cover image From Parchment to Dust: The Case for Constitutional Skepticism

From Parchment to Dust: The Case for Constitutional Skepticism

Louis Michael Seidman. Beacon, $27.99 (320p) ISBN 978-1-62097-636-4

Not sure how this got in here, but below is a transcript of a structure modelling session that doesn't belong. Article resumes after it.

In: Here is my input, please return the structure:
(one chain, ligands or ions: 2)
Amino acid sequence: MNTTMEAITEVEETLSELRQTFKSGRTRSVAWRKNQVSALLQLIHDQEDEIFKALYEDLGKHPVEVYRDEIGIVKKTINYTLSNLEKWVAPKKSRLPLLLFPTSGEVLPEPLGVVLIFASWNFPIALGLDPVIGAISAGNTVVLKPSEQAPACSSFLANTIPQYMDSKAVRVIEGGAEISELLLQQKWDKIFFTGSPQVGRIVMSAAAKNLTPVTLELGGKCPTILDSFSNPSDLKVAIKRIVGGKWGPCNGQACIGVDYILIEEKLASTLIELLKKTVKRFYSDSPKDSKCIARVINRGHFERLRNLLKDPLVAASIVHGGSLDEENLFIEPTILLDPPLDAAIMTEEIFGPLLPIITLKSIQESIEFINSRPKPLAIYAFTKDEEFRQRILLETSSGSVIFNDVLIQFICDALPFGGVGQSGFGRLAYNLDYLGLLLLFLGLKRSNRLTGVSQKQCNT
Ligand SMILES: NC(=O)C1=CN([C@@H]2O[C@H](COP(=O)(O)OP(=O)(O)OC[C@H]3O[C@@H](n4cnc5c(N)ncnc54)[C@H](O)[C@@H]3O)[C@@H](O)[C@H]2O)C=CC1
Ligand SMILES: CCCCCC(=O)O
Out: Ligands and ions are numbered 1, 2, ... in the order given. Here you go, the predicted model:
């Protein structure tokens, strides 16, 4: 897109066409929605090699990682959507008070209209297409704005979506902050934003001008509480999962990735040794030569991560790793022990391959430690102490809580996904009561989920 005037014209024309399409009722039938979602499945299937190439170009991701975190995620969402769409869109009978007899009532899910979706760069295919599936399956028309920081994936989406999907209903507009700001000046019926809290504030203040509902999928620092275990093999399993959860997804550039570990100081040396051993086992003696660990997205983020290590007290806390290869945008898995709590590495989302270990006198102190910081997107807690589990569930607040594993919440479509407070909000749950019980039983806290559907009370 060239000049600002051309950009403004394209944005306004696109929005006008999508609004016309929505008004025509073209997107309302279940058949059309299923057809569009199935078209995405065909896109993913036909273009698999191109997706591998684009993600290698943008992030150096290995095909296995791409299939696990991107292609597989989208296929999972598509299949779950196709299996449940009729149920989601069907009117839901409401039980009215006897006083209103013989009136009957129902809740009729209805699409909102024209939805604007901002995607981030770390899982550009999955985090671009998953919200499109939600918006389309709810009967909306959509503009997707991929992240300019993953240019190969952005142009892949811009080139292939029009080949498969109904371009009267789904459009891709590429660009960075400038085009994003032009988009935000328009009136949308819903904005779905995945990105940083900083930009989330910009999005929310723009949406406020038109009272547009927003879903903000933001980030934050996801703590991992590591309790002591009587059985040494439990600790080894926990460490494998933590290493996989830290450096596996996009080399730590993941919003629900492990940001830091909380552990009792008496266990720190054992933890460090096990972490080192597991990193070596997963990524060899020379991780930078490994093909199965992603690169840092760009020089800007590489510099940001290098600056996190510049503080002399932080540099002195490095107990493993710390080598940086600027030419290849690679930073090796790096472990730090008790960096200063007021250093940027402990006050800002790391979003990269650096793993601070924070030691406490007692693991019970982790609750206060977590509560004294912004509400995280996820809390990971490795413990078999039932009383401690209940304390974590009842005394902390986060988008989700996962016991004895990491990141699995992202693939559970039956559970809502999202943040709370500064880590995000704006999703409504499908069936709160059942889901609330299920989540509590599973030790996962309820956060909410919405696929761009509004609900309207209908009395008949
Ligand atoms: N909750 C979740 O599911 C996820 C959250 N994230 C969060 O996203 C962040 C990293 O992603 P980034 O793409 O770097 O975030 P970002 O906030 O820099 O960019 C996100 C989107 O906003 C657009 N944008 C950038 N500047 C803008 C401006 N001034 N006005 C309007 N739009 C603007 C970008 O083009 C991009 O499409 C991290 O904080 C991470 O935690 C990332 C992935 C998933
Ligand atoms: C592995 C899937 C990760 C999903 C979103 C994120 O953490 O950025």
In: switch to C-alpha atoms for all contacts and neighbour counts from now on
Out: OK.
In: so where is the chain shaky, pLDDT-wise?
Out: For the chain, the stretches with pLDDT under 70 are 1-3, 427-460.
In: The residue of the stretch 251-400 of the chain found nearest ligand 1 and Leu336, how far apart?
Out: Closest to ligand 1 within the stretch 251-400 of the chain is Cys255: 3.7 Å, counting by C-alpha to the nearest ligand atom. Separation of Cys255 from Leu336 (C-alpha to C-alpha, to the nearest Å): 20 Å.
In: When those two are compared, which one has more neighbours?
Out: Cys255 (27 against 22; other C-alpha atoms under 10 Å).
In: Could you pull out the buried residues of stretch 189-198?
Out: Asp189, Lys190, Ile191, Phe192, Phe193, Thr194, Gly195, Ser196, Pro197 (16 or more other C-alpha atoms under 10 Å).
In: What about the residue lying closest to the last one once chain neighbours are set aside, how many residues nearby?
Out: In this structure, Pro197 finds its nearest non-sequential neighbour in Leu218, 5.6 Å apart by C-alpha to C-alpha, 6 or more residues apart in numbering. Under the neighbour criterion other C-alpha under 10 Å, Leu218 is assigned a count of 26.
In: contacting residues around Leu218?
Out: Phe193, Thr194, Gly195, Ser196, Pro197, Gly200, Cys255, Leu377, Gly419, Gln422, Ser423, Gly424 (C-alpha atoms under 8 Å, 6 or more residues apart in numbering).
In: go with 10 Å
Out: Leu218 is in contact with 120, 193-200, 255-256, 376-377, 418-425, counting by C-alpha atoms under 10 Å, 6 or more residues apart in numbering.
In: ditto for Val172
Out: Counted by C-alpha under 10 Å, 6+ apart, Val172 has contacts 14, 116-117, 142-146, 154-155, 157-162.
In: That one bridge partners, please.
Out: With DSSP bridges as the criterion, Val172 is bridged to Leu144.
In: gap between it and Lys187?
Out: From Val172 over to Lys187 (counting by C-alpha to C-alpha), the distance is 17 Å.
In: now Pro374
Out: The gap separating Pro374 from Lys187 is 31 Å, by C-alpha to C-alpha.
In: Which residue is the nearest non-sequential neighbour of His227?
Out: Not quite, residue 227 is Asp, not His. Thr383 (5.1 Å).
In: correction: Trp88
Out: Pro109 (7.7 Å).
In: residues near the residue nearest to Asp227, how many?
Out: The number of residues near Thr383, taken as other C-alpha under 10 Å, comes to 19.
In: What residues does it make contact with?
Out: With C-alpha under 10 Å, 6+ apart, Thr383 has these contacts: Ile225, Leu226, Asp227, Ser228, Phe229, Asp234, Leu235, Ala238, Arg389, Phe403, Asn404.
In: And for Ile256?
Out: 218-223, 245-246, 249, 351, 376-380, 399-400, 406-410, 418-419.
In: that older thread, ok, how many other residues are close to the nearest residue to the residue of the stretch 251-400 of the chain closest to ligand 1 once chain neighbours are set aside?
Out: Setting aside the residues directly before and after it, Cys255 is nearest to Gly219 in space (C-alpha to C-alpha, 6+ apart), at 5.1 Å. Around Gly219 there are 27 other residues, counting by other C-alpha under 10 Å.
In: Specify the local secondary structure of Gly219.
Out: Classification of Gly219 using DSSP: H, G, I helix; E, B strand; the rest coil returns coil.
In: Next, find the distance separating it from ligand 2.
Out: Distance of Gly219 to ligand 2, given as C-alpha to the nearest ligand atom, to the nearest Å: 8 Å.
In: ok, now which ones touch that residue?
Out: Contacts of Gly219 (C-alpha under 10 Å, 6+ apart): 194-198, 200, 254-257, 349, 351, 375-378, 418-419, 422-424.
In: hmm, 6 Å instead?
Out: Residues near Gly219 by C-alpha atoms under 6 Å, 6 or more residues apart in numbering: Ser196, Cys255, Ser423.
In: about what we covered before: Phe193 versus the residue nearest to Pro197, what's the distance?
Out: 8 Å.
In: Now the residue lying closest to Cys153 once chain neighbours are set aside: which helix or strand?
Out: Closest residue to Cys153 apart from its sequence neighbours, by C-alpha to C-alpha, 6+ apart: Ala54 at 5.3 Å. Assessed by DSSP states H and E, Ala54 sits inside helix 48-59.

Seidman (On Constitutional Disobedience), a professor of constitutional law at Georgetown University, argues in this blunt and provocative treatise that the U.S. Constitution “promotes hypocrisy and dishonesty and encourages zero-sum and explosive disputes that threaten to drive us apart.” He posits that James Madison and other Framers, fearful of direct democracy, created a “diffuse and atomistic political system” that alienates ordinary people from their government and prevents the passage of gun control measures, campaign finance reform, and other legislation supported by large majorities of Americans. Seidman also critiques the culture of “mystification” surrounding the Supreme Court, ridicules the idea that politically appointed judges can be nonpartisan, and picks apart recent decisions that exacerbate tensions by formulating “ordinary political disputes in terms of ‘rights’ that are absolute and nonnegotiable.” Discussions of historical episodes including the Louisiana Purchase, Abraham Lincoln’s suspension of habeas corpus in 1861, and the 1925 Scopes monkey trial buttress Seidman’s arguments against constitutional fundamentalism, though his argument that the U.S. should switch to a “skeptic’s constitution” similar to the British system, which relies on a set of “customs, attitudes, practices, and mutually observed constraints” rather than a “single, integrated document,” feels more theoretical than practical. Still, this is a sharp-edged and well-informed takedown of one of America’s sacred cows. (Oct.)